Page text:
Help PTSAs to prioritize investments needed for children to get to school safely. We will engage first with historically underserved schools. join us!

Who is involved?

Seattle Neighborhood Greenways is leading on this issue in Seattle and we will partner with our local groups, Parent Teacher Student Associations, and the SDOT Safe Routes to School Program. We are looking for opportunities to collaborate with Feet First and Cascade Bicycle Club as well.

Campaign Updatespicture

start-a-school-patrol

 

Dunlap Elementary young boy after school

Dunlap Elementary young boy after school

Go back to 2016 priorities overview

2015 Growing A Garden of Greenways

Lake City Greenways Builds Community In Olympic Hills Pocket Park

Lake City Greenways Builds Community In Olympic Hills Pocket Park

Cathy Tuttle, Executive Director
December 2015

Let me tell you a story about one person who reached out to neighbors over the past few years, and with their help – and a little help from Seattle Neighborhood Greenways – built a park, got safer routes to their local school, slowed traffic on one of Seattle’s most dangerous streets, and helped well over one hundred neighbors meet each other for the first time.

I’m talking about Janine Blaeloch, founder of Lake City Greenways, who led the effort to develop Olympic Hills Pocket Park, gathered neighbors for crosswalk actions to slow Lake City Way traffic, and helped with the Olympic Hills Safe Routes to School sidewalk project.

What is extraordinary is that I could have as easily told you this same story a dozen times and more about Greenways leaders throughout Seattle – Phyllis Porter and Deb Salls leading Rainier Avenue South road rechannelization efforts, Don Brubeck and Deb Vandermar who were instrumental in the road safety and safe intersection efforts along 35th Ave SW, leaders at University and NE Seattle Greenways who visited business owners up and down Roosevelt Way NE and helped to make protected bike lanes on Roosevelt a reality, leaders at Licton Haller and Greenwood-Phinney Greenways who are helping five local school groups plan for their Safe Routes to School priorities.
Read the rest of this entry »

#Party4OurStreets Awards

Dec 9, 2015

As a grassroots organization the energy, vitality, and strength of our organization comes from our amazing volunteers. We are so proud of their donations of time and energy this year and wowed by how much they accomplished!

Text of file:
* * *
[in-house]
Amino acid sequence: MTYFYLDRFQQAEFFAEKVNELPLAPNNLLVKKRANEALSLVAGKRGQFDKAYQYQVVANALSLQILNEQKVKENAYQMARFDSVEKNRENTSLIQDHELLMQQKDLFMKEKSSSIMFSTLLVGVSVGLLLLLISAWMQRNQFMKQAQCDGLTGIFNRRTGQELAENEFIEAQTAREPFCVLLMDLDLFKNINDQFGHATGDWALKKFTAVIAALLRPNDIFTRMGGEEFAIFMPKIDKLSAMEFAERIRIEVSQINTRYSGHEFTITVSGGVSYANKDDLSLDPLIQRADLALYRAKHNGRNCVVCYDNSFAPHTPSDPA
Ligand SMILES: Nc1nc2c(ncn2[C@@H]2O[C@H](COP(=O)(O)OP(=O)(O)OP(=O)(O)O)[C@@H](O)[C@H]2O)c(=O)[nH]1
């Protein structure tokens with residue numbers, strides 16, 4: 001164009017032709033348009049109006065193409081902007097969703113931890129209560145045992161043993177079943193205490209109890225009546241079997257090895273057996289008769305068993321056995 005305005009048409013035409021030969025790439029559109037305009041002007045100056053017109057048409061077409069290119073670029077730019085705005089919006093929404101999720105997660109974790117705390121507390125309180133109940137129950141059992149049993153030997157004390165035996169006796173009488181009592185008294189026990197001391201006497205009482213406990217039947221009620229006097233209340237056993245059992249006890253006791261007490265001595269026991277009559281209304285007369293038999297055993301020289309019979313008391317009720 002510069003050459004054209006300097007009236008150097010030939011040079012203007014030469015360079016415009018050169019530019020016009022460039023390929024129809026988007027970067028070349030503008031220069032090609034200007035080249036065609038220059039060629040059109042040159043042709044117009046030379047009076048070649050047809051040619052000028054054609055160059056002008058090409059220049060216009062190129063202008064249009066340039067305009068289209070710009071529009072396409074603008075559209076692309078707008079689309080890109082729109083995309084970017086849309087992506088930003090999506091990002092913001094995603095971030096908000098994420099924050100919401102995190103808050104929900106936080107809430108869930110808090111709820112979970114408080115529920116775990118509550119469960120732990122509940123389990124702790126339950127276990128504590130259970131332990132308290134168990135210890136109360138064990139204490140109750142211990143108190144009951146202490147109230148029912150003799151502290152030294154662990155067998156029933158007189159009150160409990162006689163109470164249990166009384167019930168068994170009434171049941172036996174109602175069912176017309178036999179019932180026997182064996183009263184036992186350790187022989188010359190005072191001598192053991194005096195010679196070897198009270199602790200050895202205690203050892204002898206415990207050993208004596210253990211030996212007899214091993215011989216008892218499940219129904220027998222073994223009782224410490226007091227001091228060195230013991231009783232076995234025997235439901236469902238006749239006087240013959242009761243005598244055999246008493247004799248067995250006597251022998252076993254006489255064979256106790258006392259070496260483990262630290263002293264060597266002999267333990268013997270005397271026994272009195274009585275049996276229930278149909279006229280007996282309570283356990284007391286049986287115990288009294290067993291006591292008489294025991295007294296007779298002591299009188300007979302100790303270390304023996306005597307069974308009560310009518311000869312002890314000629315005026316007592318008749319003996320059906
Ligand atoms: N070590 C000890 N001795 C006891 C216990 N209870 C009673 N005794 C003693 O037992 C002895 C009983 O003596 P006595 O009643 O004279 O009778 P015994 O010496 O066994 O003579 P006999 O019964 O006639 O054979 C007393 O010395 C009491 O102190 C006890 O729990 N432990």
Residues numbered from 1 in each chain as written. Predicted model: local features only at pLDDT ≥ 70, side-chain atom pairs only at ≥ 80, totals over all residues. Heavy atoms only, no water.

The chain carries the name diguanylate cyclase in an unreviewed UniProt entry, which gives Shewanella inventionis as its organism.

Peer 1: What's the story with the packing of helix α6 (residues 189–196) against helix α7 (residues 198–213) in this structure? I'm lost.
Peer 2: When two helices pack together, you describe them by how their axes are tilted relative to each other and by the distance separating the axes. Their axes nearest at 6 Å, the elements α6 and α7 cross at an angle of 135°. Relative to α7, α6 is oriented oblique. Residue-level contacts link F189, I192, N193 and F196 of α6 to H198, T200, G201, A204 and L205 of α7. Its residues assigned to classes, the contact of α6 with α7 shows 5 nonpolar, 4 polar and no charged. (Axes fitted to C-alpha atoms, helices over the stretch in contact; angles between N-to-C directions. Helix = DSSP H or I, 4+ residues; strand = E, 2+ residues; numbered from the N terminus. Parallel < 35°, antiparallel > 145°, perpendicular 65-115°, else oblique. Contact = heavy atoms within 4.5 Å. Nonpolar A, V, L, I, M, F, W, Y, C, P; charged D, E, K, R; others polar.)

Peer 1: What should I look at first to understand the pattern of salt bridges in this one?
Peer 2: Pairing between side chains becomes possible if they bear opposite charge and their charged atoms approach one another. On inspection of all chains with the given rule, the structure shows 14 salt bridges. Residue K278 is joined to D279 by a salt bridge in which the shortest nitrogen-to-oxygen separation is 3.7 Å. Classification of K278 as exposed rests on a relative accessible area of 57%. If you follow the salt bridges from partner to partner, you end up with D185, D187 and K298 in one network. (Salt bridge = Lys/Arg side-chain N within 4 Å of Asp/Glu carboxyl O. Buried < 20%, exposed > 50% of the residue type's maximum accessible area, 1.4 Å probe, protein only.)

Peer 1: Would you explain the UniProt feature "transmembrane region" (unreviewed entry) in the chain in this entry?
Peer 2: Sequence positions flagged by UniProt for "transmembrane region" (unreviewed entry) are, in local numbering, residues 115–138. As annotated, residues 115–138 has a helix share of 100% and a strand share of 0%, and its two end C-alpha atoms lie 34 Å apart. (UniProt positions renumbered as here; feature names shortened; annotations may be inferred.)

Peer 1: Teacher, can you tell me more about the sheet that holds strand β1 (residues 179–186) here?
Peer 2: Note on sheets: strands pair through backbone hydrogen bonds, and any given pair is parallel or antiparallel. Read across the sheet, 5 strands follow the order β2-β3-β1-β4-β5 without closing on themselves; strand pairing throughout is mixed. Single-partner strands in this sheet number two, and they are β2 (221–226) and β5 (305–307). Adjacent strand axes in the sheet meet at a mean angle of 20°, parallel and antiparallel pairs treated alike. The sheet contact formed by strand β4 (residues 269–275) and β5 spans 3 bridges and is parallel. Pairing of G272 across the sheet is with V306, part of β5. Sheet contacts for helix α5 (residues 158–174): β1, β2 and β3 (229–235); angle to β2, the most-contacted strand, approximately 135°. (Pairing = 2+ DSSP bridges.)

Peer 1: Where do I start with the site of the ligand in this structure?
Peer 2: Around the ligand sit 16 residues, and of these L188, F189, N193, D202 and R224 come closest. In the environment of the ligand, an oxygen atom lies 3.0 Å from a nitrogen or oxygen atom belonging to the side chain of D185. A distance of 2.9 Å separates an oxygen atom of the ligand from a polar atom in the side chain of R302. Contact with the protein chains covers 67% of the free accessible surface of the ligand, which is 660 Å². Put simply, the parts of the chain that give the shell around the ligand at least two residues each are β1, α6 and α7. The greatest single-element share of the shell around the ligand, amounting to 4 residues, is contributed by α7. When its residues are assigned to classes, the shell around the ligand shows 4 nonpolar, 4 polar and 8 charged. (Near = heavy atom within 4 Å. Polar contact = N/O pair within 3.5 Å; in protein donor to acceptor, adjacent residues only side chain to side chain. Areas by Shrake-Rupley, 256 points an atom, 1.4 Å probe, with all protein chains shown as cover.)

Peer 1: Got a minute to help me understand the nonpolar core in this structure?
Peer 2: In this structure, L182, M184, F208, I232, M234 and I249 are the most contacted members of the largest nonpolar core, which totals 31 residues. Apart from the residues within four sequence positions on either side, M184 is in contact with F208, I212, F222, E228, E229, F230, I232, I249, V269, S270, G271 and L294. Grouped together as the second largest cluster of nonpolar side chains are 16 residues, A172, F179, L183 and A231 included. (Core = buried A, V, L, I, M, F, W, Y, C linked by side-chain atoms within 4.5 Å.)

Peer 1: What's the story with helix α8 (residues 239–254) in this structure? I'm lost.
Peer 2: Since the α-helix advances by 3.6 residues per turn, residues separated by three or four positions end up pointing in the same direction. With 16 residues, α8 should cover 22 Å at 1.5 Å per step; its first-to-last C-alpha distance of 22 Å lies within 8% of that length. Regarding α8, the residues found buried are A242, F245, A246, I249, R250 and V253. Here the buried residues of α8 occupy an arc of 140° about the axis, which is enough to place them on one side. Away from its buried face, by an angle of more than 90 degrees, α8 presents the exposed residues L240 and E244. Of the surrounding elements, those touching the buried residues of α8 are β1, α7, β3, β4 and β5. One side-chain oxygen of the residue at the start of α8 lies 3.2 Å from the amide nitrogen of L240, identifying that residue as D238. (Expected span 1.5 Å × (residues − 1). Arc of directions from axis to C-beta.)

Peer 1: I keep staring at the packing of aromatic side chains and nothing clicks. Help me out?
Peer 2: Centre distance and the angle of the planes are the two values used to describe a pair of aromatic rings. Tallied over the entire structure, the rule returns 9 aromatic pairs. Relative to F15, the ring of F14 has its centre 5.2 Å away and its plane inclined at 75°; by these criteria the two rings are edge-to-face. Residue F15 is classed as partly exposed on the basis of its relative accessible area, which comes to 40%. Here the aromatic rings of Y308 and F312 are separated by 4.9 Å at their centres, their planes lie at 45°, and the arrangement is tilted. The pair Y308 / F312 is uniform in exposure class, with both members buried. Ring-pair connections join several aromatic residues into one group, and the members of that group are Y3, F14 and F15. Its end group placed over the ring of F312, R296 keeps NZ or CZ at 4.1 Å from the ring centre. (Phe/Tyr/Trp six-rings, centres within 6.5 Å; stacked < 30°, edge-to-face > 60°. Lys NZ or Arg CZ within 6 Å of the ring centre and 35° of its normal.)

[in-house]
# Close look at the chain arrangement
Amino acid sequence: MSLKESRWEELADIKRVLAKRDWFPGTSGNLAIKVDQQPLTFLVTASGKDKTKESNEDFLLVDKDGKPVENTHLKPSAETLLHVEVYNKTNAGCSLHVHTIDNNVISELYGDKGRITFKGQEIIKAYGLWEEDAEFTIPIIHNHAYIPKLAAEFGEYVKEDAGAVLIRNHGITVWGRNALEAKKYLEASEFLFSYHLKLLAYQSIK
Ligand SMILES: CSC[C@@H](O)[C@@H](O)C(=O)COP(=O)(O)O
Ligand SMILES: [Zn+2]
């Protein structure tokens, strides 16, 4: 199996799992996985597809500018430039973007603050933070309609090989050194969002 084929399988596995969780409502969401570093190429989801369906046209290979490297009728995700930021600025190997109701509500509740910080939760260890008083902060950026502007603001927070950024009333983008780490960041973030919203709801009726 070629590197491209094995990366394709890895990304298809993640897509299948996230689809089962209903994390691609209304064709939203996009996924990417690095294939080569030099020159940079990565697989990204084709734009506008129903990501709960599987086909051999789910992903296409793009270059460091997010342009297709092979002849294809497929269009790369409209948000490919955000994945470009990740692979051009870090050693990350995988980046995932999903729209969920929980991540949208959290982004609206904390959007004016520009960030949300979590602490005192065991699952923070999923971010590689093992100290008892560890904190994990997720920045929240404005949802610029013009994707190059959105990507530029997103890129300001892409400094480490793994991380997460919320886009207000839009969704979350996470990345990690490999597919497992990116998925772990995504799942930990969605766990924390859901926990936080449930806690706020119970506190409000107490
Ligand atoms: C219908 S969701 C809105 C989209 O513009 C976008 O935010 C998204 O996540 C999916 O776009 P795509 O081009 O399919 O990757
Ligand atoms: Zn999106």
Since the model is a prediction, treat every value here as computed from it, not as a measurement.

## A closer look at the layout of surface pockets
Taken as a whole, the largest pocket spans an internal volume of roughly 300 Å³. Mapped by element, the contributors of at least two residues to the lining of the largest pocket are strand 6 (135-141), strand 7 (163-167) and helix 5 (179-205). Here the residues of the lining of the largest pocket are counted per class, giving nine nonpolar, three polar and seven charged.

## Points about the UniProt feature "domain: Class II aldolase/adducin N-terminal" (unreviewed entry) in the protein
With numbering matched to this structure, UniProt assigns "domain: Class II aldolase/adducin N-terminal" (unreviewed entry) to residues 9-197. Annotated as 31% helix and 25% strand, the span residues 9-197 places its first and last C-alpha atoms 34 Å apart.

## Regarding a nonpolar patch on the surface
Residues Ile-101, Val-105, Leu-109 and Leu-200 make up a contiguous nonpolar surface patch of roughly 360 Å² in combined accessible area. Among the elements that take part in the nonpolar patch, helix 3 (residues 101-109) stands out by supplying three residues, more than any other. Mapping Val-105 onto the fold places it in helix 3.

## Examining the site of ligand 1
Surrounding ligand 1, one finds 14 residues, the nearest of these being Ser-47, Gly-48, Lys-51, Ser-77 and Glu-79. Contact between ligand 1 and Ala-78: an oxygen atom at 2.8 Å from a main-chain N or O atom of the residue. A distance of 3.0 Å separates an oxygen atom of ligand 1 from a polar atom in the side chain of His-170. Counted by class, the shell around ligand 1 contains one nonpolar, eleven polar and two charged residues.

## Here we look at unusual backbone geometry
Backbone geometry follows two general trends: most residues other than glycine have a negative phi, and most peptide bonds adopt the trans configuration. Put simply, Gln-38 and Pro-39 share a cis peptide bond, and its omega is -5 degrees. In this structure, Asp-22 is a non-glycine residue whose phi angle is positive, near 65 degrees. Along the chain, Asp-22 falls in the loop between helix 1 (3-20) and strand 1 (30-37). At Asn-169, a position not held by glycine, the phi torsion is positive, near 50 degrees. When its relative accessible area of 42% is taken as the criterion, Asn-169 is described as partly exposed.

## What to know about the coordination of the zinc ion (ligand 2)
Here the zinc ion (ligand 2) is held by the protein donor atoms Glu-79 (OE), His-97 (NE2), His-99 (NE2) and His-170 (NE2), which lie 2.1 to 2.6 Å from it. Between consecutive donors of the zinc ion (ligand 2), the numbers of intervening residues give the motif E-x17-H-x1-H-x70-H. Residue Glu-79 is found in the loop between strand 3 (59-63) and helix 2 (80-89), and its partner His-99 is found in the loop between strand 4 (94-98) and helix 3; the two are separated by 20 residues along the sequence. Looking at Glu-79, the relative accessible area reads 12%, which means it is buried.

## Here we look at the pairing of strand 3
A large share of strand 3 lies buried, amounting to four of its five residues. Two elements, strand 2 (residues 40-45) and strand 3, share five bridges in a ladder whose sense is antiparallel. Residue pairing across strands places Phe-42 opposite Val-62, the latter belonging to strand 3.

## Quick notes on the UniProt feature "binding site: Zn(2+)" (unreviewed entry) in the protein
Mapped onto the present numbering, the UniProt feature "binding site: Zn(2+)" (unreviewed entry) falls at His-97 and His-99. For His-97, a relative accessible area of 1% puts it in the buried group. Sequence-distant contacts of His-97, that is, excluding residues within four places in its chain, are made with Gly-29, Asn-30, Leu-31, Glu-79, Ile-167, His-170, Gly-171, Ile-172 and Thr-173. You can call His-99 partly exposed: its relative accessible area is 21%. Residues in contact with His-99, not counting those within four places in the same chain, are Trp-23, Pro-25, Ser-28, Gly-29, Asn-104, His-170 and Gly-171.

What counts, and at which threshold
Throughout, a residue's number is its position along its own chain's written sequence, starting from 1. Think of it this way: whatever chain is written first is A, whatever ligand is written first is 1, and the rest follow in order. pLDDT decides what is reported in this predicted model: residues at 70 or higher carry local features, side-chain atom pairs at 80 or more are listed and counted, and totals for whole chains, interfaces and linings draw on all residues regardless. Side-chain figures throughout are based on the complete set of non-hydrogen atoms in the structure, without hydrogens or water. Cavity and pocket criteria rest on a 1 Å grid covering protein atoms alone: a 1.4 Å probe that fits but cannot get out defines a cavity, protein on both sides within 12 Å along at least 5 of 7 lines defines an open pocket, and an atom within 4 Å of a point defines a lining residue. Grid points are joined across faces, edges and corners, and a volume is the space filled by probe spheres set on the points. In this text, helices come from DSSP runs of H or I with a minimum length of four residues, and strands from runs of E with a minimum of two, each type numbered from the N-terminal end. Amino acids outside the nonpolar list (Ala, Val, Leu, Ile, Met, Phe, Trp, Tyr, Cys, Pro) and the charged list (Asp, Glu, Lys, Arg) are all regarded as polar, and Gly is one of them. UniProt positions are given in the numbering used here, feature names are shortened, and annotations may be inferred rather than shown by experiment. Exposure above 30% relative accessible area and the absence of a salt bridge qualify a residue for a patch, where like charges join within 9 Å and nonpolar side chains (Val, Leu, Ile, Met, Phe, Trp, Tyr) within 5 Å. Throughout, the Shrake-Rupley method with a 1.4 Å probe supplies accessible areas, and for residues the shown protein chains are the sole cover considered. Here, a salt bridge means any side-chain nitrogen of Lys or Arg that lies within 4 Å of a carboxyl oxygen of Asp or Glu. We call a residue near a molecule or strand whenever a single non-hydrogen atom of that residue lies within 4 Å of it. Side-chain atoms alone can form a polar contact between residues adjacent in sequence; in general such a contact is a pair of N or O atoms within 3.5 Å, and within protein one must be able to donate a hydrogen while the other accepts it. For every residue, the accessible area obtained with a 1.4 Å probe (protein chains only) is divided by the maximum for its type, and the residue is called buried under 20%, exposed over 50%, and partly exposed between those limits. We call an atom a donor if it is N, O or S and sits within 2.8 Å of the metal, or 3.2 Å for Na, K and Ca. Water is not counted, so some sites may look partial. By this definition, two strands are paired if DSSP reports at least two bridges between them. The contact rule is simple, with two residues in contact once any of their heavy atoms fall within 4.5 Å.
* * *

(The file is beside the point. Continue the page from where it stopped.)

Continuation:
shirley winning 2015

Check out the awards below for our 2015 categories:

  • Amazing Advocacy
  • Greenway Champion
  • Community Builder
  • Exemplary Street Experiment
  • Fact Finding
  • Public Servant
  • Wendy

Advocacy header

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Child-Friendly Transit

by Andres Salomon, NE Seattle Greenways

Andres and Atom travel around Seattle by bus and bike

Andres and Atom travel around Seattle by bus and bike

December 7, 2015

Seattle voters recently approved the Move Seattle levy, which contains funding for a number of exciting transit projects. Seattle’s Department of Transportation is currently planning at least two of these projects; a Bus Rapid Transit (BRT) line running along E Madison St, and another BRT line running from Northgate to Downtown.

Bicycles and transit go hand-in-hand, with bicycles (and bike share) helping with transit’s “last mile” problem. Transit also compliments biking, allowing people on bikes to increase their range, skip dangerous segments of roadway, bypass hills, or act as a backup option when they can’t or don’t want to ride. Unfortunately, our current public transit systems are failing families who want to bike. Even when bicycle facilities are integrated with transit, they are often designed for only certain types of bikes – non-standard bikes such as family/cargo bikes don’t fit.

If we can design our BRT and other public transit systems to be truly family-friendly, not only do we allow families to reduce or completely eliminate car ownership, but we also create a transit system that works for all ages and abilities. In order for a BRT system to be truly family-friendly, families should be able to safely and comfortable walk or bike to stations. However, Seattle Neighborhood Greenways has already talked a lot about safe routes, so this will focus on BRT itself. Some of these things are more important than others, and people have different preferences, so I haven’t attempted to prioritize anything. This is simply my ideal, family-friendly BRT system.

Let’s start with waiting for the bus:

* High-frequency. Kids aren’t going to want to sit still for 30 mins while waiting for the bus, and when you have multiple kids (and a spouse), it’s pretty hard to check OneBusAway and time it right. Someone’s going to lose a shoe (or hide your keys), you’re going to leave the house and have to go back for someone’s favorite stuffed bear, or maybe everyone will be already outside and ready to go. Once you’re outside, there will be stops to look at a caterpillar, or wanting to go into a store, potty breaks, etc. You just can’t time public transit with kids. You need a bus or train that just comes regularly. Ideally, every 5 minutes. Without kids, I’m fine waiting 15 minutes while I read a book or check email. With kids, every minute is spent telling them to behave, trying to find something to keep them entertained, etc.

* Safe. The bus stop needs to feel safe. This means good lighting, a good distance away from fast-moving cars, and clean (especially no broken glass, random liquids, garbage, etc). It also means that there’s nothing capable of being broken. For 1-3 year olds, parents will have to make sure they’re not going to fall or touch anything that will hurt them. For 3-6 year olds, parents will have to keep them from breaking/destroying things or venturing out into traffic.